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This section deals only with guardianship of adults (unless for example the child is a state ward). Parents are of course the guardians of intellectually disabled children. However, as with all children, legal parental responsibility ceases at 18. (s61C(1)Family Law Act 1975 (Cth)).

Guardianship of intellectually disabled adults involves the same sort of control as a parent has over a young child. This includes controlling where the person is to live or work, what education the person is to have, and what medical treatment a person should have (for example, operations). Guardianship is different from the financial management of a person’s money and property.

The Guardianship and Administration Act 1995 (Tas) establishes the Guardianship and Administration Board. The Board performs a number of functions including the appointment of guardians for adults with a disability, to make personal life-style decisions. The Act has also created the Office of the Public Guardian whose function is, amongst other things, to act as guardian of last resort and, where desirable, to intervene in guardianship proceedings that come before the Board.

Mental Capacity

A guardian, enduring guardian or enduring power of attorney are for when a person lacks mental capacity. Mental capacity has a definite meaning. Mental capacity is where you know what you are doing and understand the consequences of your actions. If you lack mental capacity, you will need a guardian, enduring guardian or enduring power of attorney.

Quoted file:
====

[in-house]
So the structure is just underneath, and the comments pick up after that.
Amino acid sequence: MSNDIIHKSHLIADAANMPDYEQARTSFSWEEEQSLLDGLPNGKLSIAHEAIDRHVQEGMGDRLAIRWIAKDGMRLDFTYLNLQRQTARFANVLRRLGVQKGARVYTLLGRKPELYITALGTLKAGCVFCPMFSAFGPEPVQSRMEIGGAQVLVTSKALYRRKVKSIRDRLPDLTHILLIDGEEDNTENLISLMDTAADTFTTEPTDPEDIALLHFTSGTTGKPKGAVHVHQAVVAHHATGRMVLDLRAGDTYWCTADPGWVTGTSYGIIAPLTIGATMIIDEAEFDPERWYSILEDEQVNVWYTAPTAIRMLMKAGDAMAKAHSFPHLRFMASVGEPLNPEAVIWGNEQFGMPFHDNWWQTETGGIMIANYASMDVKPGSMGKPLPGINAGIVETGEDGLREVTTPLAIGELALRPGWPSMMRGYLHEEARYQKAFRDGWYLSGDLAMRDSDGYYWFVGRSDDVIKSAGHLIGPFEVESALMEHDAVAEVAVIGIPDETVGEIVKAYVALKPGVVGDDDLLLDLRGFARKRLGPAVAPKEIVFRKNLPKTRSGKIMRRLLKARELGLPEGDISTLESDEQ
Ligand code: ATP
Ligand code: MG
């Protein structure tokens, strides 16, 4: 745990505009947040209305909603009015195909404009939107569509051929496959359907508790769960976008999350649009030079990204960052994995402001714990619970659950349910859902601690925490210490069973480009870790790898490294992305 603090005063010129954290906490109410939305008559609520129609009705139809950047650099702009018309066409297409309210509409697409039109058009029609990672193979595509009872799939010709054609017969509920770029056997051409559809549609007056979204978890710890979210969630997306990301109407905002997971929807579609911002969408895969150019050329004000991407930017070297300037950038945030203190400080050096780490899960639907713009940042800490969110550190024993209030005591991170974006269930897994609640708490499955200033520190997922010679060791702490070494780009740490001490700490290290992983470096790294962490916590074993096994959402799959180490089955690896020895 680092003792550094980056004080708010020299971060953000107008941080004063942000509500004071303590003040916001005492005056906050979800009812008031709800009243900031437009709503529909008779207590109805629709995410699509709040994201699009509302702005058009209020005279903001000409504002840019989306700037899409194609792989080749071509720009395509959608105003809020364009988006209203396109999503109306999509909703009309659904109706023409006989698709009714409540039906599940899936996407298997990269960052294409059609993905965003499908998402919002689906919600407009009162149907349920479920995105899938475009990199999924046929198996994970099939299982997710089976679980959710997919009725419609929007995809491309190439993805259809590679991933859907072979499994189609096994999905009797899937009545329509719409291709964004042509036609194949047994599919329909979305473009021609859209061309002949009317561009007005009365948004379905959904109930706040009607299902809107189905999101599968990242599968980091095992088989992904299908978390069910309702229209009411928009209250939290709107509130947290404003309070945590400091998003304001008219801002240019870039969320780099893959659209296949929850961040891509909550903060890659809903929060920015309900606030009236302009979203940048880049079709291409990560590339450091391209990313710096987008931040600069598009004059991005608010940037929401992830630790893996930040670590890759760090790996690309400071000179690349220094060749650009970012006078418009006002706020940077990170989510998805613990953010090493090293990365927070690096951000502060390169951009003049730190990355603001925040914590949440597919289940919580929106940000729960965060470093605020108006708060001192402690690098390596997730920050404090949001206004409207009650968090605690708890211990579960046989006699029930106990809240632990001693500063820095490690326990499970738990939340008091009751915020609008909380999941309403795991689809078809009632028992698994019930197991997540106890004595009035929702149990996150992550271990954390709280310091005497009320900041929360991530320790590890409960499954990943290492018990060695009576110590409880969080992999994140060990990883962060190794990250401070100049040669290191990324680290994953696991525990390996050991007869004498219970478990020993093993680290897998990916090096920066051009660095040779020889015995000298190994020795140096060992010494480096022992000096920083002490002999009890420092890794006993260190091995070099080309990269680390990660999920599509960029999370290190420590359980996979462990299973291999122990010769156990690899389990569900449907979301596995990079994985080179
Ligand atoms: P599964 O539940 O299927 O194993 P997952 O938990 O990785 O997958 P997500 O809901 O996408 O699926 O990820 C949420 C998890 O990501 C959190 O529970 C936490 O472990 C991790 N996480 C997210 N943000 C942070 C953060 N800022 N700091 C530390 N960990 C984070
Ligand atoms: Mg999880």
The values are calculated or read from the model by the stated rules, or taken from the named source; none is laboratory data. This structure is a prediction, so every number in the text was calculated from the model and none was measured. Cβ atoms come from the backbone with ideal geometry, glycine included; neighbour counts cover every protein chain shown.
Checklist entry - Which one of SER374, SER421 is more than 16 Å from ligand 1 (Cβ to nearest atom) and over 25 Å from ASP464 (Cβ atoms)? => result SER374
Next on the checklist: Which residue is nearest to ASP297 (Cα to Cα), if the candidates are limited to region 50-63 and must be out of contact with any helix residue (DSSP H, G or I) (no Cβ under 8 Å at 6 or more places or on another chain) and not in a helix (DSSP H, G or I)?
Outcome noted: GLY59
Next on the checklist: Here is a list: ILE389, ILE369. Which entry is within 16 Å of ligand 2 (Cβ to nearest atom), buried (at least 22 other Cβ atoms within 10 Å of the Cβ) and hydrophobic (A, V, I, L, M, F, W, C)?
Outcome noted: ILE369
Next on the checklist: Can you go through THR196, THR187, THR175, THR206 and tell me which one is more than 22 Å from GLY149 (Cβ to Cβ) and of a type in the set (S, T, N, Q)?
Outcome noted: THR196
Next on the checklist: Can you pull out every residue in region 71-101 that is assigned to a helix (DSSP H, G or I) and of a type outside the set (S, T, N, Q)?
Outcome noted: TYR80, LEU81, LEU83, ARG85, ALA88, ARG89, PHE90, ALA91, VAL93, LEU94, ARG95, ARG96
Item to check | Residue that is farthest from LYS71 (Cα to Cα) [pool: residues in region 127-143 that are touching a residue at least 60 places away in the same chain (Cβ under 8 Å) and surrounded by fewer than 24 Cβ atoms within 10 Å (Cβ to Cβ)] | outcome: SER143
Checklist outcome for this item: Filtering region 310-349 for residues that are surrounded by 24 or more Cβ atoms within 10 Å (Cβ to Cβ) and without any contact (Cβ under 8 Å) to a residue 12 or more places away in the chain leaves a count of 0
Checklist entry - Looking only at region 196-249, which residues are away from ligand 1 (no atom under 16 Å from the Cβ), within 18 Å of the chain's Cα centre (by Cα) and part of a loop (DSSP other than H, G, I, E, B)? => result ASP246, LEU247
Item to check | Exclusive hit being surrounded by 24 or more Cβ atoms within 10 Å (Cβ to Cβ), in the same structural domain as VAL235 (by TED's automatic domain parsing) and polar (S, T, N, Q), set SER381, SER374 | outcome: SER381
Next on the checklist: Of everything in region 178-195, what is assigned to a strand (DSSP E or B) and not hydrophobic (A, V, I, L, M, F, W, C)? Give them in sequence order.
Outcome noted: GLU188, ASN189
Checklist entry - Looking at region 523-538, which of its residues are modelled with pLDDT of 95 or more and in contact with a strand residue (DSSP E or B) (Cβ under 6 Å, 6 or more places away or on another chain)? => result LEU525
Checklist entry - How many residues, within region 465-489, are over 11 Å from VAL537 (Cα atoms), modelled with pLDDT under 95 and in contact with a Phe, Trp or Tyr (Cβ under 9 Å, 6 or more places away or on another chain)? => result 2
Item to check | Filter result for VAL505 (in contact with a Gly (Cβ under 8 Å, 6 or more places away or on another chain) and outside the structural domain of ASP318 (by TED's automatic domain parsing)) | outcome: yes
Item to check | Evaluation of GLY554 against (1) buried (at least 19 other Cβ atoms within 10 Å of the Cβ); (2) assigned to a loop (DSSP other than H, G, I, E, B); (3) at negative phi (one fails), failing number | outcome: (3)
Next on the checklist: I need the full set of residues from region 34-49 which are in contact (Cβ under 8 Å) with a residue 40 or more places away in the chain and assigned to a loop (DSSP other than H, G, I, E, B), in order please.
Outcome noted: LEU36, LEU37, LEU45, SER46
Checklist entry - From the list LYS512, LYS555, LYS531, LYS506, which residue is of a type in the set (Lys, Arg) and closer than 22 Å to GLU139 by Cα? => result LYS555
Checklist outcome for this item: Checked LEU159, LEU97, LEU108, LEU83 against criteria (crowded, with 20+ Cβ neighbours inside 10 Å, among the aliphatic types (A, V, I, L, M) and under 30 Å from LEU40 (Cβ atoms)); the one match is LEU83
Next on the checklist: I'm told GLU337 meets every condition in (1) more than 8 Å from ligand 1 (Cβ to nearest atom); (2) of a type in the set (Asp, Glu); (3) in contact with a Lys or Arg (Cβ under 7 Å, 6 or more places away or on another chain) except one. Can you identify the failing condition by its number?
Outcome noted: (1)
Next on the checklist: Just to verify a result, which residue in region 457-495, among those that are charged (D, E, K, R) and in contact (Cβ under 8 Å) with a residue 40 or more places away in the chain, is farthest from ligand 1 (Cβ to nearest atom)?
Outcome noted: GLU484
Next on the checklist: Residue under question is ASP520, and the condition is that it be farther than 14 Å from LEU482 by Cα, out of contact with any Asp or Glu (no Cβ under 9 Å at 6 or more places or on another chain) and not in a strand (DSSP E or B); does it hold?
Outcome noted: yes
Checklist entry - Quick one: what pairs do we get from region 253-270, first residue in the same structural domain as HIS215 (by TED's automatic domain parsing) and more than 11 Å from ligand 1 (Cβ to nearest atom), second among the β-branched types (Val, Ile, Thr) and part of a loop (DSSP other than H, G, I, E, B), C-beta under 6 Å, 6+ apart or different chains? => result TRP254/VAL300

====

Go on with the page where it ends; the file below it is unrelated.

Guardianship

Guardianship is the legal responsibility and power to make important decisions on behalf of another adult, who cannot make reasonable decisions for themselves. Decisions may be about where that person will live, the care and services they receive, or financial matters.

Guardian

A guardian is a person who has been given the legal power to make important decisions on behalf of another adult - such as where that person should live, or what care and services the person should have. A guardian exercises the powers of guardianship. If the Board has to appoint a guardian for an adult with a disability, they will often appoint the Public Guardian. However, a guardian can also be a spouse, parent, relative or friend of the represented person. To be a guardian, a person must:

  • Be at least 18 years of age
  • Act in the best interest of the represented person
  • Not be in a position where their interests conflict with the interests of the represented person
  • Be suitable to act as the person’s guardian

The Guardianship and Administration Board website provides the Private Guardian’s Handbook – a resource for private guardians appointed by the Board.

A guardian:

  • makes decisions for you that are in your best interests.
  • will make decisions for you in the areas set out in the guardianship order.

If you do not understand what this means or have not yet received a copy of this order, just speak to your guardian.

When asked to make a decision on your behalf, your Guardian may talk to you about what you would like. They may also talk to people who know you, such as your family or your doctor.

A Guardian must act in your best interests, and take into account your wishes.

A Guardian’s job is to encourage and  assist you to make reasonable judgements for yourself, and to help protect you from neglect, abuse and exploitation, and act as your advocate. This does not always mean your Guardian will agree with you.